EAST LANSING – A change in the transfer regulation and the addition of safety training for assistant and subvarsity coaches were among the most significant actions approved by the Representative Council of the Michigan High School Athletic Association during its annual Spring Meeting, May 5-6, in Gaylord.

The spring meeting of the 19-member legislative body of the Association’s more than 1,500 member schools is generally the busiest of its three sessions each year. The council considered 40 committee proposals and also dealt with a variety of eligibility rule, postseason tournament and operational issues.

The most significant change to the MHSAA body of regulations concerns students who transfer between schools for reasons related to athletics. Effective for the 2014-15 school year, a transfer student will be ineligible for 180 school days if he or she has partaken in an activity during the previous 12 months that demonstrates the transfer is related to athletics. Offending activities may include practicing, competing or training with a member of the new school’s coaching staff including during summer activities or non-school sports seasons like for AAU basketball. Attending an open gym at the new school or being coached by a current or incoming coach while the athlete still attended his or her former high school also would be considered an offending activity.

Currently, a school that loses a student for athletics-related reasons must report this to the MHSAA for that student to incur the 180-day transfer penalty. This is no longer necessary if the above activities are verified. The rule change beginning with the 2014-15 school year will consider a student’s activity taken place during the previous 12 months. Transfers may still qualify for one of 15 exemptions that allow for immediate eligibility.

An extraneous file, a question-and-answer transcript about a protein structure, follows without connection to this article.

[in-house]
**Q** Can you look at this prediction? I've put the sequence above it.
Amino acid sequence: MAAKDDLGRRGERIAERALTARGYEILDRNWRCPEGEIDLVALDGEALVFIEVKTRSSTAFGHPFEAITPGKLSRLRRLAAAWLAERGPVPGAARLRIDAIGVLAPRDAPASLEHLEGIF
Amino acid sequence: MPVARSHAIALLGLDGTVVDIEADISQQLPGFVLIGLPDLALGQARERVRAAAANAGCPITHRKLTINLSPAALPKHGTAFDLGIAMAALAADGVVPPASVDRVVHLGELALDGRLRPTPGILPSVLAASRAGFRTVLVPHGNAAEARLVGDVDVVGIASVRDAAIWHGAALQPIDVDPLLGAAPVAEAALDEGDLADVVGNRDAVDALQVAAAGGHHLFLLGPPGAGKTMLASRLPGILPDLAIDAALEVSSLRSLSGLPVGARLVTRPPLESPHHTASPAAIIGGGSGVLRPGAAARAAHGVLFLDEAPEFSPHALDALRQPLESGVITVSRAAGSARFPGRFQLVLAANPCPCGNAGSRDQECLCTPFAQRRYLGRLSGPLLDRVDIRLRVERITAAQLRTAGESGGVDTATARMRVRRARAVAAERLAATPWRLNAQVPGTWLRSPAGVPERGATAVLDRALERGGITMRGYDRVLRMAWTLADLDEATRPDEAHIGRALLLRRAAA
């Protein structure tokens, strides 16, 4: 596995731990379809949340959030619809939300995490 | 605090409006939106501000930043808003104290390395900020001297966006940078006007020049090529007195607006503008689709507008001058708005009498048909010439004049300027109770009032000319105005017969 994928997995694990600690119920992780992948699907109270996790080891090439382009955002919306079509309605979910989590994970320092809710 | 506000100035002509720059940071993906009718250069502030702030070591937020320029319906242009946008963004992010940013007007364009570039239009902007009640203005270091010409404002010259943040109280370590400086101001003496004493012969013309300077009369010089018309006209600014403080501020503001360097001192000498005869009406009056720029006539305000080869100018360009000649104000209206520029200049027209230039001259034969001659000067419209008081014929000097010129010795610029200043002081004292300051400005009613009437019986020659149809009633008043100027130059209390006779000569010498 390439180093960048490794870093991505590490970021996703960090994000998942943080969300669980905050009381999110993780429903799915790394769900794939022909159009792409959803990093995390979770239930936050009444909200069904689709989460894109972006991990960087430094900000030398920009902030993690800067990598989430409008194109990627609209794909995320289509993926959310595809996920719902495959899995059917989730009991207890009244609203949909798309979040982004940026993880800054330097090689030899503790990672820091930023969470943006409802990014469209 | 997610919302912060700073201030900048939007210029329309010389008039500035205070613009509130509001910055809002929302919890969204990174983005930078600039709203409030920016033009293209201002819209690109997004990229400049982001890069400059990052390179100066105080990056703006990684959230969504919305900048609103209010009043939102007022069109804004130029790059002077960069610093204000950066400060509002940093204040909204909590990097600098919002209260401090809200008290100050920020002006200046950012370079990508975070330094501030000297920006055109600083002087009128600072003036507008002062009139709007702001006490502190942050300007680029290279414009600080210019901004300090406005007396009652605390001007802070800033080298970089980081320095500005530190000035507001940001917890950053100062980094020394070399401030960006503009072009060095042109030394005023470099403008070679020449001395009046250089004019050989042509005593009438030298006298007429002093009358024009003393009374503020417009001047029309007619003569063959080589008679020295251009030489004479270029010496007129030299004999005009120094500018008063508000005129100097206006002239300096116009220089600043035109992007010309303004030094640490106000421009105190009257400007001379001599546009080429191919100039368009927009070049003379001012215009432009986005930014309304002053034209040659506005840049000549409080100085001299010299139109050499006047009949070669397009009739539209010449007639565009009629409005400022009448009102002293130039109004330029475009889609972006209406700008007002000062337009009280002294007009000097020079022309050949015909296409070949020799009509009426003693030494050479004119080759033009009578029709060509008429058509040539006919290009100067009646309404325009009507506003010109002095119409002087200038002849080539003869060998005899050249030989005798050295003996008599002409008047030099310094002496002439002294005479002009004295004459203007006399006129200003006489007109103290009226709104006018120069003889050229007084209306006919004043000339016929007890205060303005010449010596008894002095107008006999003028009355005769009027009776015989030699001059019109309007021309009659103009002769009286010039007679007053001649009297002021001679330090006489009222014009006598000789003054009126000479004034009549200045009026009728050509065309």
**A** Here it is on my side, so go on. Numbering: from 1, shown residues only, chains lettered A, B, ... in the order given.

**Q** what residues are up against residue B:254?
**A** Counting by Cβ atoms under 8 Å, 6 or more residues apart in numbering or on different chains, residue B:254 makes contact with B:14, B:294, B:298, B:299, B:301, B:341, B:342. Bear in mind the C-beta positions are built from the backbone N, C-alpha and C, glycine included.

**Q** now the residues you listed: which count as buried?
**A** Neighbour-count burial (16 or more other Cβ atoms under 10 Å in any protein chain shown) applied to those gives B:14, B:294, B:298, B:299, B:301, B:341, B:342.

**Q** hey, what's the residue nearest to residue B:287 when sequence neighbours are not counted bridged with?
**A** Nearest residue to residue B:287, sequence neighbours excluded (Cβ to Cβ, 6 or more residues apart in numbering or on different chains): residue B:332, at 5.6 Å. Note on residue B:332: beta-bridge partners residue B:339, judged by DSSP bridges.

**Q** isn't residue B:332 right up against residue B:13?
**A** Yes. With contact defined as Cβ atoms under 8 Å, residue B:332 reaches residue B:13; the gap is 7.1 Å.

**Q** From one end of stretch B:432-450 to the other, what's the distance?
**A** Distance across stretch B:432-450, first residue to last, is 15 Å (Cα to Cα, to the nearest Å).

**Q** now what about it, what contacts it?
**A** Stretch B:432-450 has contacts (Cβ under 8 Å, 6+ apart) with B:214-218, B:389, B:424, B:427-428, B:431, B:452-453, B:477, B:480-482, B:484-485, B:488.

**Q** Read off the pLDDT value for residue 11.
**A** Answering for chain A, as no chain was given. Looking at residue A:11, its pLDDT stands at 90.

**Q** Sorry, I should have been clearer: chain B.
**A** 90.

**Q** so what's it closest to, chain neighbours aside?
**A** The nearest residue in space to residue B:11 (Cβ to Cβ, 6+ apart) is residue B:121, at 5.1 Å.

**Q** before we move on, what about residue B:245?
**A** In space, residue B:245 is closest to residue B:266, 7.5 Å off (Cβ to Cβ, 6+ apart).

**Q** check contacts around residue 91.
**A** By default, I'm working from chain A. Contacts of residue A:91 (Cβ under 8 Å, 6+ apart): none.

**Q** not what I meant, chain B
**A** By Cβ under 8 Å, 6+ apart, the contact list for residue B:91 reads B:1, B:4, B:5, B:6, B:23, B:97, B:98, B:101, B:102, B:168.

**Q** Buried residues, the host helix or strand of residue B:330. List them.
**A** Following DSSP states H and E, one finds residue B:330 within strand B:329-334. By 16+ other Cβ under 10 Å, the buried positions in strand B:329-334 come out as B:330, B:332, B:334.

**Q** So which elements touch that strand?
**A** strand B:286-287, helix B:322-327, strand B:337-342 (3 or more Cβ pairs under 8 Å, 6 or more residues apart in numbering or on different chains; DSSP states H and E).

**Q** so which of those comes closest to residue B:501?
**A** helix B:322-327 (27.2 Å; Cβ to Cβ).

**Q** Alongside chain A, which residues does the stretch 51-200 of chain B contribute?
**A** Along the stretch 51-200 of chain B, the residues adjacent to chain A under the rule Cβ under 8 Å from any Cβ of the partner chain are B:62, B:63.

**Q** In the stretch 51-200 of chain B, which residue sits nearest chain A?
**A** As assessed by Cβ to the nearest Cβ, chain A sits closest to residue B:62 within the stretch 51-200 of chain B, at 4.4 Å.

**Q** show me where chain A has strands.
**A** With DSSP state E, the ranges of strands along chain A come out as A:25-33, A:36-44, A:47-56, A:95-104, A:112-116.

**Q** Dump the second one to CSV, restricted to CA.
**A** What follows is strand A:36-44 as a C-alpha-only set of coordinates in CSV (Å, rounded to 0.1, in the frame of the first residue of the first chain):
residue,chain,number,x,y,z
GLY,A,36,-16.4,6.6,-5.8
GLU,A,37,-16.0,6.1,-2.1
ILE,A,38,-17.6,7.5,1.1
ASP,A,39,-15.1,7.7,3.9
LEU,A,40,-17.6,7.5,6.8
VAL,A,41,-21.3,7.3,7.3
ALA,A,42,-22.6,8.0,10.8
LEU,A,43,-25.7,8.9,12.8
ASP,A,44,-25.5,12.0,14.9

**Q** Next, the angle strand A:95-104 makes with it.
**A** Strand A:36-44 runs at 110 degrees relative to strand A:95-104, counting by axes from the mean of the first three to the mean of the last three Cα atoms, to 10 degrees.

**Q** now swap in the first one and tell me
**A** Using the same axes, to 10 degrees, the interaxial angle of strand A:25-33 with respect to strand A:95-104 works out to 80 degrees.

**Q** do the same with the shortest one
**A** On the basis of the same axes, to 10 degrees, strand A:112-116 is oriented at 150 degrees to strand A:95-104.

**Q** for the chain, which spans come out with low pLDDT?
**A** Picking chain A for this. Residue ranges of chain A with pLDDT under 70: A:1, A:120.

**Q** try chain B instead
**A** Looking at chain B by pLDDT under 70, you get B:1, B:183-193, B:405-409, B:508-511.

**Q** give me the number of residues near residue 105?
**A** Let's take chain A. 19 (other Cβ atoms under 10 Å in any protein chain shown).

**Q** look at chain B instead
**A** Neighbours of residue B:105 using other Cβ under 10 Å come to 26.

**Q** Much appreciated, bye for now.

The Council also approved another step in the MHSAA’s ongoing focus on health and safety issues. Also beginning with the 2014-15 school year, all assistant and subvarsity coaches at the high school level must complete the same MHSAA rules meeting required of varsity head coaches or, alternatively, one of the free online sports safety courses posted on or linked from the MHSAA Website that is designated as fulfilling this requirement.

Here is a summary of other actions taken at the Spring Representative Council Meeting which, unless noted, will take effect during the 2013-14 school year: 

Handbook/Administrative Matters

•  In cases of serious injury or extended illness, including concussion or suspected concussion and symptoms of sudden cardiac arrest, students must be re-examined by a physician (MD or DO) and provide a written release from that physician before returning to practice or competition. The clearance may not be on the same date on which an athlete was removed from activity. The emphases on sudden cardiac arrest and practice are new.

• A first-time 9th grader whose first 9-12 enrollment is in a non-traditional school or program may retain eligibility at a traditional school if that student registered at the traditional school before enrolling in the non-traditional school or program.

• A faculty member may supervise a school’s team or individual competitors in cases when the head coach is unable to do so for failure to complete the annual rules meeting requirement. Previously, only an administrator was allowed to take over that supervisory role when the head coach was not allowed to be present for this reason.